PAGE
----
Yes – what are those cop buddies going to do now that they've actually done what they pretended to do? But the weird pretence is there for a reason: it is to give the audience a sense of extended awe of Will Poulter's psychopath who must now do some more blood letting - but this time as the crazed - yet compassionate Poutler-Kruss. The idea being that the suspects are let go as long as the Poulter-Kruss is satisfied that they would keep their mouths shut. How he does this is to ask each of the suspects a riddle. Only one of the suspects answers wrongly and is blasted – Soul-boy's buddy. But the others do manage to escape and so must we.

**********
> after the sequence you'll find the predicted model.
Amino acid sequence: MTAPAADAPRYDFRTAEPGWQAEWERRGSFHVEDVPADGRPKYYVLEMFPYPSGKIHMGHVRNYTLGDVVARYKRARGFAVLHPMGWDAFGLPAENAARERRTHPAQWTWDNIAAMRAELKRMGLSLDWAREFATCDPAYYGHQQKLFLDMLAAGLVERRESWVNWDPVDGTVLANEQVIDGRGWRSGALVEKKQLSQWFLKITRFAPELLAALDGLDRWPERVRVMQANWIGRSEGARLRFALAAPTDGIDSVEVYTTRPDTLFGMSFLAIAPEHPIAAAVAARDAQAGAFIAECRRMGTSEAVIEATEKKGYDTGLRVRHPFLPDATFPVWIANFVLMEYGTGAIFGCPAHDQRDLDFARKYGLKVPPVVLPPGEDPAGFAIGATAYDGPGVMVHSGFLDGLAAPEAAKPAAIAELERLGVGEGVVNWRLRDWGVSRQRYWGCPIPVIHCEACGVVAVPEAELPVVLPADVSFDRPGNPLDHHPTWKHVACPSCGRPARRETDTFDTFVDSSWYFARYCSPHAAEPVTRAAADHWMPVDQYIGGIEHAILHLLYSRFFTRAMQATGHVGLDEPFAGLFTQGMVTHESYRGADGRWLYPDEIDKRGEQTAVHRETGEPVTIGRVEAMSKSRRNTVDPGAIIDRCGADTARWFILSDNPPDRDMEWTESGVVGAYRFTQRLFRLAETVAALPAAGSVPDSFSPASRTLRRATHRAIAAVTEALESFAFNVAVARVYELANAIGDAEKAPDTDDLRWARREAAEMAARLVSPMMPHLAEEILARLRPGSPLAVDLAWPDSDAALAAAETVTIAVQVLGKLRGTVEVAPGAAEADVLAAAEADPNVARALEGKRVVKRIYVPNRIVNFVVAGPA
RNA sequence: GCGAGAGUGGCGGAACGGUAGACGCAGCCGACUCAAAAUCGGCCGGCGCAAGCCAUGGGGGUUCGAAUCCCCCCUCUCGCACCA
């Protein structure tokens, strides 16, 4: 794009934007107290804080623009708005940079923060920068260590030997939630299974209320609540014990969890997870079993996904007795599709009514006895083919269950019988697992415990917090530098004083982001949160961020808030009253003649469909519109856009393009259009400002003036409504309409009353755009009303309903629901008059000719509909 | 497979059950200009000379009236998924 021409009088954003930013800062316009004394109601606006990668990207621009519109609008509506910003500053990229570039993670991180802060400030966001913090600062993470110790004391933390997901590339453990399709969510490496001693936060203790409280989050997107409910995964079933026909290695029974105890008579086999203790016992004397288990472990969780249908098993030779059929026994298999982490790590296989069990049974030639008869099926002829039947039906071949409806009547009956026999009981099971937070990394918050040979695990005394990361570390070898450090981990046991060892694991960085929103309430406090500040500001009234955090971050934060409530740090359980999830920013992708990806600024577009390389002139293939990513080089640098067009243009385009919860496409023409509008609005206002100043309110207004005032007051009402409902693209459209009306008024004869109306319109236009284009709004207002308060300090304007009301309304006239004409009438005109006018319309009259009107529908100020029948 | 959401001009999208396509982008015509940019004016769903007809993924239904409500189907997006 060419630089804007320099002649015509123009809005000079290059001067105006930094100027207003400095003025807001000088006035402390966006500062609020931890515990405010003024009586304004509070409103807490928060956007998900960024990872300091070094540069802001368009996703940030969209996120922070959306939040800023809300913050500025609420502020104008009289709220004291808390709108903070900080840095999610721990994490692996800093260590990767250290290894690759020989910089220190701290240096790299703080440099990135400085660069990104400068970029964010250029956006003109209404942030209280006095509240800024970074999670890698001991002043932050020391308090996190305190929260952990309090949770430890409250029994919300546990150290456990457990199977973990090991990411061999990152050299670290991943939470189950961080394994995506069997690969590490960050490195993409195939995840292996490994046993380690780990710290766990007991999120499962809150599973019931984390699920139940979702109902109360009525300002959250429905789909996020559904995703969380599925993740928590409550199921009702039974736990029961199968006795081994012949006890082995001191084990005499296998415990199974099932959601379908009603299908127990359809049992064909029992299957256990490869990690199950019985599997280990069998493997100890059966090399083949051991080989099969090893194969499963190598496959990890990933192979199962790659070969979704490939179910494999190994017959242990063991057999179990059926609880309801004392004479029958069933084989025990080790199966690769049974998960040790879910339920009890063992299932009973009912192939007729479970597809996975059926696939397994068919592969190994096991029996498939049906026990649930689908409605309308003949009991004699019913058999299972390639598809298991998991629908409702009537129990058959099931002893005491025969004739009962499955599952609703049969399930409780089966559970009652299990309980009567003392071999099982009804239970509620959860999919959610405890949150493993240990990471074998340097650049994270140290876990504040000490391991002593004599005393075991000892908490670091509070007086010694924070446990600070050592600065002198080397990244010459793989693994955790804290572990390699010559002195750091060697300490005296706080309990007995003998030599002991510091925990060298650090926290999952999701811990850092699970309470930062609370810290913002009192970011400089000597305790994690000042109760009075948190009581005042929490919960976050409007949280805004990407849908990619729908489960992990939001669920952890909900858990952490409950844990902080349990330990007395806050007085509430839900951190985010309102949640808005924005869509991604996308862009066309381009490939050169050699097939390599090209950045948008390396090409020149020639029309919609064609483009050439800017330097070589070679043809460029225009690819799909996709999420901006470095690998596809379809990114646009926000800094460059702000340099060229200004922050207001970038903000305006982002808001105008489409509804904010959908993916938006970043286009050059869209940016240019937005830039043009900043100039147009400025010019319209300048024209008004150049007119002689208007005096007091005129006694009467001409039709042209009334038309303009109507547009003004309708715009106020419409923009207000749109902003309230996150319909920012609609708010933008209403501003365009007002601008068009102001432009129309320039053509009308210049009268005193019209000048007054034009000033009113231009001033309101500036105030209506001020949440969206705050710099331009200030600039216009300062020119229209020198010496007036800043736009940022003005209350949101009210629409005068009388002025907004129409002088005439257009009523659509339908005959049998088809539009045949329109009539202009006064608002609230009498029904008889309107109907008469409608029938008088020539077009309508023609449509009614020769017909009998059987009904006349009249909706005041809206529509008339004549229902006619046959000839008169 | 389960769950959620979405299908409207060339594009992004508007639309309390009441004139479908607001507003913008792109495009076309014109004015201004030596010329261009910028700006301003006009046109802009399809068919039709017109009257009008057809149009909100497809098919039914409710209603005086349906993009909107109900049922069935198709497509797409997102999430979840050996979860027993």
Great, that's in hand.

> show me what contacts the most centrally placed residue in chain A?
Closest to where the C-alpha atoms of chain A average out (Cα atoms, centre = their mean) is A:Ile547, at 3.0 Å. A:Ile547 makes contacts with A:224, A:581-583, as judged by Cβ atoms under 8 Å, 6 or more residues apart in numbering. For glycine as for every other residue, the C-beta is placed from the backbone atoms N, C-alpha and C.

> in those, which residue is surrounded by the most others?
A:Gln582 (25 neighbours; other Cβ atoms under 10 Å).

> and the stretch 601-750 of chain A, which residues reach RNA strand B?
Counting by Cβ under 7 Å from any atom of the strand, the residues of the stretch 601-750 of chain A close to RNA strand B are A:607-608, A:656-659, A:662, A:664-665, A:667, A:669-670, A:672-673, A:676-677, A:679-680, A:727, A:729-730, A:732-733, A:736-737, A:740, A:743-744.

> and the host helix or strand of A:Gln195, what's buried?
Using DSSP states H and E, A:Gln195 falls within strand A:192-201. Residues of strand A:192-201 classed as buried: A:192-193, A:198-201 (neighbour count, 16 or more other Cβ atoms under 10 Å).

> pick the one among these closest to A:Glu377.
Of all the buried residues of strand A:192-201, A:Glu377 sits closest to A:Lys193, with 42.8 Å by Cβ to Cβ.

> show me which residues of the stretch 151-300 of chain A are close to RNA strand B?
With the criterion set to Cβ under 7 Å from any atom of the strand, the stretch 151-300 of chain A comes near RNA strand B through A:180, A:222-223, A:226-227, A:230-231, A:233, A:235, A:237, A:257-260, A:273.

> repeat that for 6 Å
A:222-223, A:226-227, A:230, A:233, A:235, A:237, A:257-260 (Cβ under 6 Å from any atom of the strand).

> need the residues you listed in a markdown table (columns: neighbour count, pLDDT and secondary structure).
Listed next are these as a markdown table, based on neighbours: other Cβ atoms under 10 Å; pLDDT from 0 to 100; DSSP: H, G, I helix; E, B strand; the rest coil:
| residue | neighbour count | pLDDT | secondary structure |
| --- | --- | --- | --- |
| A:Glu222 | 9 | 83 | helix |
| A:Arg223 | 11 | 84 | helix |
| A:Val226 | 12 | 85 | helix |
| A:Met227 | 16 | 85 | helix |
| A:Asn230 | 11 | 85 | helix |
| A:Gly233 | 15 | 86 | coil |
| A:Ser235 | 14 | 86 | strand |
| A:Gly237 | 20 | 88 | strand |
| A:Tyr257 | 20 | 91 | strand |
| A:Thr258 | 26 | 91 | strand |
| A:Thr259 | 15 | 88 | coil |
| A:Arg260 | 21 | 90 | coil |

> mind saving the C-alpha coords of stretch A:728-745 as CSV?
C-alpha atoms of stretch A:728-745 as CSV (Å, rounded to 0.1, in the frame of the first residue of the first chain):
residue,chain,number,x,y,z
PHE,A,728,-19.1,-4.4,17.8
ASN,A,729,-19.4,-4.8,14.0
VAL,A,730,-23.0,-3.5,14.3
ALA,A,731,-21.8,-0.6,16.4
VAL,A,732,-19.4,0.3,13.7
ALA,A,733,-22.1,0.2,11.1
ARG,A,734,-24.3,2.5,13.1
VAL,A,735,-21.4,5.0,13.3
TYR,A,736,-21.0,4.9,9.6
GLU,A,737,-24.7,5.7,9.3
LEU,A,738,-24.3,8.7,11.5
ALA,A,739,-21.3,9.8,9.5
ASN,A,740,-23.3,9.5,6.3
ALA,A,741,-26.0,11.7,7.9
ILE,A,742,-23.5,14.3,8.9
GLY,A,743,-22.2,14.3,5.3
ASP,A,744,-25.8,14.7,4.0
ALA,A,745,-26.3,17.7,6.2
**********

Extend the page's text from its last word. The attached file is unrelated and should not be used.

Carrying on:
That's the end of the film proper for what we experience next is not really part of a film at all. What we see instead are edited highlights from a bad soap opera that looks back at “last week’s episode”. However, the court room stitch-up that we eperience is not “a rush to judgment” but the leaps and hoops the script and production must go through to get to the end that it want's to give us: Soul-boy says his piece in court and now he must survive by singing even if Bigelow and Boal manage to depict him as soullessly as they do.

Hollywood and The Lives That Matter

That is the end also of a this review of the film entitled “Detroit”. But what if Boal and Bigelow's good intentions to make a political film were taken seriously and the film was reviewed on that basis - what would happen? A review taking this approach has been published. At Roger a young black columnist - and it is no exaggeration to say this - found the film a traumatic experience as she writes: